A: While there are many reasons a customer might churn, at the root of it, customers leave because a business is no longer meeting their needs or wants. When a business breaks down its churn, it can start identifying what they’re not delivering to their customers.

For instance, let’s say an ad manager team spends $1 million on Google Ads. They come up with a really slick ad that's going to show up in search results as an offer of an inexpensive Hawaiian vacation. They're going to get a huge click rate and report it’s the best ad campaign ever. But if customers click through to a landing page that has no mention of Hawaii and customers can't find the Hawaii offer, they're immediately going to churn and not come to the website.

The ad campaign had a great click-through rate, but the churn rate was massive. The team might have gotten clicks, but they didn't get paying customers because the landing page did not meet the customer’s expectations, which was to see a button allowing them to book the advertised trip. Because the landing page was not tailored to the ad campaign, the ad campaign essentially wasted $1 million.

Every industry faces similar problems. For a B2B company, the customer expectation could be post-sales service and support. If the customer doesn’t get that support, the next contract cycle could fall through. At the end of the day, if the customers are unsatisfied or unhappy with their current experience with a brand, and think they can do better elsewhere, they will leave.

Q: How do businesses reduce or prevent churn?

A: There are a few things companies can think about. One is proactivity. As soon as a company realizes they are losing customers and money, they should start doing analysis to break down the data by group, by revenue, by any other factor, and identify when and where people are leaving. By analyzing the actions of the customers who leave, companies can identify some potential causal factors, and run tests on site content.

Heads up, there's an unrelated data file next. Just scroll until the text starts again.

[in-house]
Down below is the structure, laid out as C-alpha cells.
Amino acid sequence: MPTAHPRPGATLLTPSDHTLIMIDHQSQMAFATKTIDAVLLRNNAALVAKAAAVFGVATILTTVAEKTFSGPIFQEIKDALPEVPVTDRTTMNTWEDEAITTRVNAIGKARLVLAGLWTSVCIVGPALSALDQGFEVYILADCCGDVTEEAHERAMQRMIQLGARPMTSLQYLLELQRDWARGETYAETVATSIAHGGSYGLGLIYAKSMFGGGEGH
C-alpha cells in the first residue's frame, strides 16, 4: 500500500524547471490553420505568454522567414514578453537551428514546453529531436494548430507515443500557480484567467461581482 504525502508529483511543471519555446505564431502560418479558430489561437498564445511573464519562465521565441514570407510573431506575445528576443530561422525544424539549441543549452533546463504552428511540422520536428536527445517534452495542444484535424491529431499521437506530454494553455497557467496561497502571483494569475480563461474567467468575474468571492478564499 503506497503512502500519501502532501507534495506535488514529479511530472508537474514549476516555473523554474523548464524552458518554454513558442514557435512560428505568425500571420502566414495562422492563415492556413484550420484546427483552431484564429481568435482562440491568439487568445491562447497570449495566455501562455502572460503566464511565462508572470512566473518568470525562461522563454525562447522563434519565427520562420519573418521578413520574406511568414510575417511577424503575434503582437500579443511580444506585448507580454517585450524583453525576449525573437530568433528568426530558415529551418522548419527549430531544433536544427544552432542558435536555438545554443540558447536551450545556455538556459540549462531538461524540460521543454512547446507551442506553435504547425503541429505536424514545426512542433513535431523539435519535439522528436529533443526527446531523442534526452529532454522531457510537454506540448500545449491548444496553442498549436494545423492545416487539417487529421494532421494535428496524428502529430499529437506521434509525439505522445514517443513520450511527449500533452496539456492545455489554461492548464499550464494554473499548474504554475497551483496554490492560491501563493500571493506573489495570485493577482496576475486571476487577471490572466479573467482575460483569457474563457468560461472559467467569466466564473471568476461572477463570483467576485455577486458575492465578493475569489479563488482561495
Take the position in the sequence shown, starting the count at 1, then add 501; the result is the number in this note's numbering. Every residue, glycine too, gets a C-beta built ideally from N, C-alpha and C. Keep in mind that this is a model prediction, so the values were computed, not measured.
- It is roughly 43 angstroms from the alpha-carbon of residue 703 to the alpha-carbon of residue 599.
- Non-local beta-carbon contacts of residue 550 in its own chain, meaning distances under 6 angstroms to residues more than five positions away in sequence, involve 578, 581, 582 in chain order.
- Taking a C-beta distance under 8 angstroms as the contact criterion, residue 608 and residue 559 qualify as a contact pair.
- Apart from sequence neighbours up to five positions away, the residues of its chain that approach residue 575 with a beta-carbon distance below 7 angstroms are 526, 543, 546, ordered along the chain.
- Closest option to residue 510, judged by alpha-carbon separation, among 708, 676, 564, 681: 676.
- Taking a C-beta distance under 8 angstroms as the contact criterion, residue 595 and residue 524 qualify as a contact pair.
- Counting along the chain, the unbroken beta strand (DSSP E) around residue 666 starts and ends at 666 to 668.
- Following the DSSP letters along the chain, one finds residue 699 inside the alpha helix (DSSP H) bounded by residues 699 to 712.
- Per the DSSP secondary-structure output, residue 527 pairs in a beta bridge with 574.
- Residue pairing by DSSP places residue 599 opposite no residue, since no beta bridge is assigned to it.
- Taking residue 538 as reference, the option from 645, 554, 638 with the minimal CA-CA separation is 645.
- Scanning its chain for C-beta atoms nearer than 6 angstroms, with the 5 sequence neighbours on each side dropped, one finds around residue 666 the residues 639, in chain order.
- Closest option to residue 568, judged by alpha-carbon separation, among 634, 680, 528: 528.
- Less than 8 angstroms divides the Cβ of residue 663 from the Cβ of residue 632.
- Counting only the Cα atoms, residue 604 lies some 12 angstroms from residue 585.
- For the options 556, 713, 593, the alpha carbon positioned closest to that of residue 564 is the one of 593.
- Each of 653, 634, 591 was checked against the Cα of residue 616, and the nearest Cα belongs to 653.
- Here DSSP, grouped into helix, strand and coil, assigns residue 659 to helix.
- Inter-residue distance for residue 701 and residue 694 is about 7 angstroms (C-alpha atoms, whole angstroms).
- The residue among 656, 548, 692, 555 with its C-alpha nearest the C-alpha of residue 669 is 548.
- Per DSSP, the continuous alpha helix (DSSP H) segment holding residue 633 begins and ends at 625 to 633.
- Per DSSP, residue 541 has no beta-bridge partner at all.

As an organization acquires more data, it can determine the effectiveness of any changes made then continue to adjust. It's an ongoing process of refinement — investigate, refine, deploy, and then repeat the cycle until the problem is identified and addressed. Companies can also use artificial intelligence (AI) and machine-learning algorithms. These are game-changing technologies in the area of churn analysis and reducing customer churn.

Q: What is a good churn rate?

A: A good churn rate for a company really depends on the industry, the product, the delivery, and a number of other factors. Each company will have to determine their own standard, but generally, a churn rate below 10 percent is considered a good number to aim for.

Q: What mistakes do companies make when addressing customer churn?

A: One common mistake is thinking of churn in narrow terms. If a company is only thinking about the aggregate number of customers versus revenue or profitability, they are going to have blinders on when analyzing their churn rates.

It’s also critical to choose the right time frame when calculating an appropriate churn rate. For example, a pay-per-click ad campaign might only have a maximum churn rate of a week. Similarly, how companies calculate churn in November or December will probably be different from how they calculate churn in April, because of an increase in one-time customers around the holidays, so organizations need to take seasonality into account.

Q: How can customer churn benefit a company?

A: While a growing or high customer churn rate is an indication that a company is not meeting a customer’s needs or wants, it also can provide an opportunity for a company to re-evaluate their offerings and consider improvements. By looking at the churn rate with both long- and short-term lenses, a company can determine whether the cause of increased churn is a short-term problem, like an issue with the website, or a long-term problem, like a strategic shift or a change in the market. By paying attention to churn rates, companies can continually evaluate the experiences they provide to customers and keep evolving to meet their audience’s expectations.

Customer churn is approachable, especially with today’s mar-tech offerings. Technology has made churn calculation much easier. Any company, regardless of its size or maturity, can approach customer churn data with the right tools to improve the level of insights they obtain. Understanding churn and its business impact is no longer the sole domain of statisticians.

The speed and the ease with which marketers can understand churn has greatly improved compared to the days of manual calculations in spreadsheets. The introduction of AI and machine learning in the last few years to measure churn risk has been a game changer for most organizations. Now, nearly everyone touching the customer experience has access to automated churn analysis.